Ark City Hospital Celebrates Third Anniversary
March 13, 2014
March 17th will mark three years since South Central Kansas Medical Center opened the doors to a new facility; a facility that was built upon assurances of growth, service improvement, and economic development. Promises that are paying off as the physicians and staff of the medical center continue to work with the City of Arkansas City and other business partners to improve the local healthcare landscape.
(Arkansas City, KS) - March 17th will mark three years since South Central Kansas Medical Center opened the doors to a new facility; a facility that was built upon assurances of growth, service improvement, and economic development. Promises that are paying off as the physicians and staff of the medical center continue to work with the City of Arkansas City and other business partners to improve the local healthcare landscape.
Steve Perkins, SCKMC's CEO, stresses that both past and future successes for the hospital are tied directly to local backing.
"Our investment in the future of the Cowley community is significant. We all realize we would not be here today if not for the support of our community. As we look for ways to continue to grow and thrive, we need that continued effort," Perkins said.
SCKMC is a "quasi-municipal" entity, connected to the City of Arkansas City in both its ownership and funding of the $23 million replacement facility project. Funding provided in part by a one-half cent sales tax that was voted in five years ago for a project which not only included the construction of a 66,000 sq. ft. hospital on 168 acres referred to as Patterson Parkway, but also new equipment purchases and construction of an adjacent medical office building.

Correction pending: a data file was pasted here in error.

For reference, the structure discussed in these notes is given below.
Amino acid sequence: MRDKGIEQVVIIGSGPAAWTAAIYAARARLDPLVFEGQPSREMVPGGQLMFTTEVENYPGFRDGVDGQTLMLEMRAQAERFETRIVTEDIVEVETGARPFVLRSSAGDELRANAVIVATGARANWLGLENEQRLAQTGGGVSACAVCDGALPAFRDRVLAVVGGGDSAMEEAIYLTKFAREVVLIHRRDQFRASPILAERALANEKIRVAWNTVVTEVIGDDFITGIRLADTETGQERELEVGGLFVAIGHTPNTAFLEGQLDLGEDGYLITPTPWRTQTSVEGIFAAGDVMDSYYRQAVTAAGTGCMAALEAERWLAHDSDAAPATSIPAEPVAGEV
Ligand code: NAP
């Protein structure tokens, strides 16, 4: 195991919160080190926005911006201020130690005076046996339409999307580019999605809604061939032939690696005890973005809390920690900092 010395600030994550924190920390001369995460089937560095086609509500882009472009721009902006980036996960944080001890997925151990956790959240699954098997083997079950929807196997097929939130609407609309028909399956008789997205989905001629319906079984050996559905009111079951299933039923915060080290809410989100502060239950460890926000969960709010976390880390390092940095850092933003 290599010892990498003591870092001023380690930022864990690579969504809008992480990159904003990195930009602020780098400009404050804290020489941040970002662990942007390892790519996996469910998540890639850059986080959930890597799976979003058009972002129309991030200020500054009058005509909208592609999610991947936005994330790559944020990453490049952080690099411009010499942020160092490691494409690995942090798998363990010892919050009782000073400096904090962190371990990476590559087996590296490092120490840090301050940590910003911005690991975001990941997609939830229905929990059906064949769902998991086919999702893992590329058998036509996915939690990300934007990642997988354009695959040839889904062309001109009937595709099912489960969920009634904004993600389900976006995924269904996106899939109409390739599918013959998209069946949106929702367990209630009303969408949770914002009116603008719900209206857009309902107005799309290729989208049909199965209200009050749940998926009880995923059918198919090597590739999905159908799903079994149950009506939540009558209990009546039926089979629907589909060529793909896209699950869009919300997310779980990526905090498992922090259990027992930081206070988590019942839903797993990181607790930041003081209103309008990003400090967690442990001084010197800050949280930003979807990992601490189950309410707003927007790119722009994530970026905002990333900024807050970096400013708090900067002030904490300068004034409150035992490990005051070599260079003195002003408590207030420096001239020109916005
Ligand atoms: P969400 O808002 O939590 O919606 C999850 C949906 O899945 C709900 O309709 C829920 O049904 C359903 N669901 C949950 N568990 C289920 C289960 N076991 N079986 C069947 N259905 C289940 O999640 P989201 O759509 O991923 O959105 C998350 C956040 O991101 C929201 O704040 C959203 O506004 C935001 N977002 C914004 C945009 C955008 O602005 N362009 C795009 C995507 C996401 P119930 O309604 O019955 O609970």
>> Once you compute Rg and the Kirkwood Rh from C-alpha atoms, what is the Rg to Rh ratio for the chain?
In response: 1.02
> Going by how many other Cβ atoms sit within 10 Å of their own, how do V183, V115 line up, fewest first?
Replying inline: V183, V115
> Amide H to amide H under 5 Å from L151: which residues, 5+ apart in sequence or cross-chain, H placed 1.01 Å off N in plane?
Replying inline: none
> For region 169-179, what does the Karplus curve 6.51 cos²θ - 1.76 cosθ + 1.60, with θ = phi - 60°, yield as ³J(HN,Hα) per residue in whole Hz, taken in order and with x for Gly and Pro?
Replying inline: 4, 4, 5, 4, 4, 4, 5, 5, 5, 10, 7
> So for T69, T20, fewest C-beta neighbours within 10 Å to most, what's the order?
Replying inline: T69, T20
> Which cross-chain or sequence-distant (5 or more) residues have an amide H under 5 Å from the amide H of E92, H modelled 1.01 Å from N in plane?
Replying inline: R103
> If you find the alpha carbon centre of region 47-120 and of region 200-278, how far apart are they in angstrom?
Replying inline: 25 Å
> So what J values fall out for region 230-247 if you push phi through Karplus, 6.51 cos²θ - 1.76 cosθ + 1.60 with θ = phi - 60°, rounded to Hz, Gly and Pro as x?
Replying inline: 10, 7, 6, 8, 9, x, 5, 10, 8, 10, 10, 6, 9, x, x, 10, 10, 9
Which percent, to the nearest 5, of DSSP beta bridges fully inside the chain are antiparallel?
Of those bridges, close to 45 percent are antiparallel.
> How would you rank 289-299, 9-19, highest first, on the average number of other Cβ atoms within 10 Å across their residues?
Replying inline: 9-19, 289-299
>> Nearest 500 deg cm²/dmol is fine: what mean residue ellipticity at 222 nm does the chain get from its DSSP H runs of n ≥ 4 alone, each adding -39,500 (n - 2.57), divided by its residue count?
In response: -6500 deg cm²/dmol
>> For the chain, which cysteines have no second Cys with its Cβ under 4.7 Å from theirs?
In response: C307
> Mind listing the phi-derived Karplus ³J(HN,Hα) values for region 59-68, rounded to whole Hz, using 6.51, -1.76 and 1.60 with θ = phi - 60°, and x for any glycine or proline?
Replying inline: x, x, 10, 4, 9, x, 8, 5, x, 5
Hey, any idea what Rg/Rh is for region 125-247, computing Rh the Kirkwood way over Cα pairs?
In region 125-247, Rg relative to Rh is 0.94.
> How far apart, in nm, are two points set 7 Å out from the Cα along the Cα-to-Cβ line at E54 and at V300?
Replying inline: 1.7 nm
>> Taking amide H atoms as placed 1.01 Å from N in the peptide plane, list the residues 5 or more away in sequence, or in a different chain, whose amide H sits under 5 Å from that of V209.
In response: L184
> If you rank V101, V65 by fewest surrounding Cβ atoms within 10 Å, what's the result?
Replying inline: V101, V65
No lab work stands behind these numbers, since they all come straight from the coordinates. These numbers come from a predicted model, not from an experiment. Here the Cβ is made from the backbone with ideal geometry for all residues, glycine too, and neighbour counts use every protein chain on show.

The medical office building, named the outpatient services building by hospital staff, houses the medical center's specialty clinic. The clinic is the full time office for general surgeon, Dr. Tyson Blatchford, and obstetrics and gynecological specialist, Dr. Perry Lin. Dr. Lin is the city's first full-time obstetrics and gynecological care specialist. In addition to OB-GYN care, Dr. Lin also has a subspecialty in reproductive endocrinology and infertility.
"I think that I am integrating very well into the medical community. I provide subspecialty services that have not been previously easily available. To make services available locally, I think that is very important and appreciated by the patients. The community has been very supportive and the medical staff has been extremely helpful and receptive of myself as a new physician," Dr. Lin said.
In addition to Dr. Lin and Dr. Blatchford, the clinic also provides patient care space for thirteen physician specialists.
"Part of our commitment we made with the new facility was the expansion of local medical services. Whether it is a fulltime practice such as Dr. Lin's or a part-time schedule like our new orthopedic surgeon Dr. Damion Walker, we want to provide a level of care and service that will reduce the need for people here to travel greater distances," Perkins said.
SCKMC plans to continue to expand physician services locally. Hospital administrators are currently working with area physician clinics to actively recruit more doctors into the area.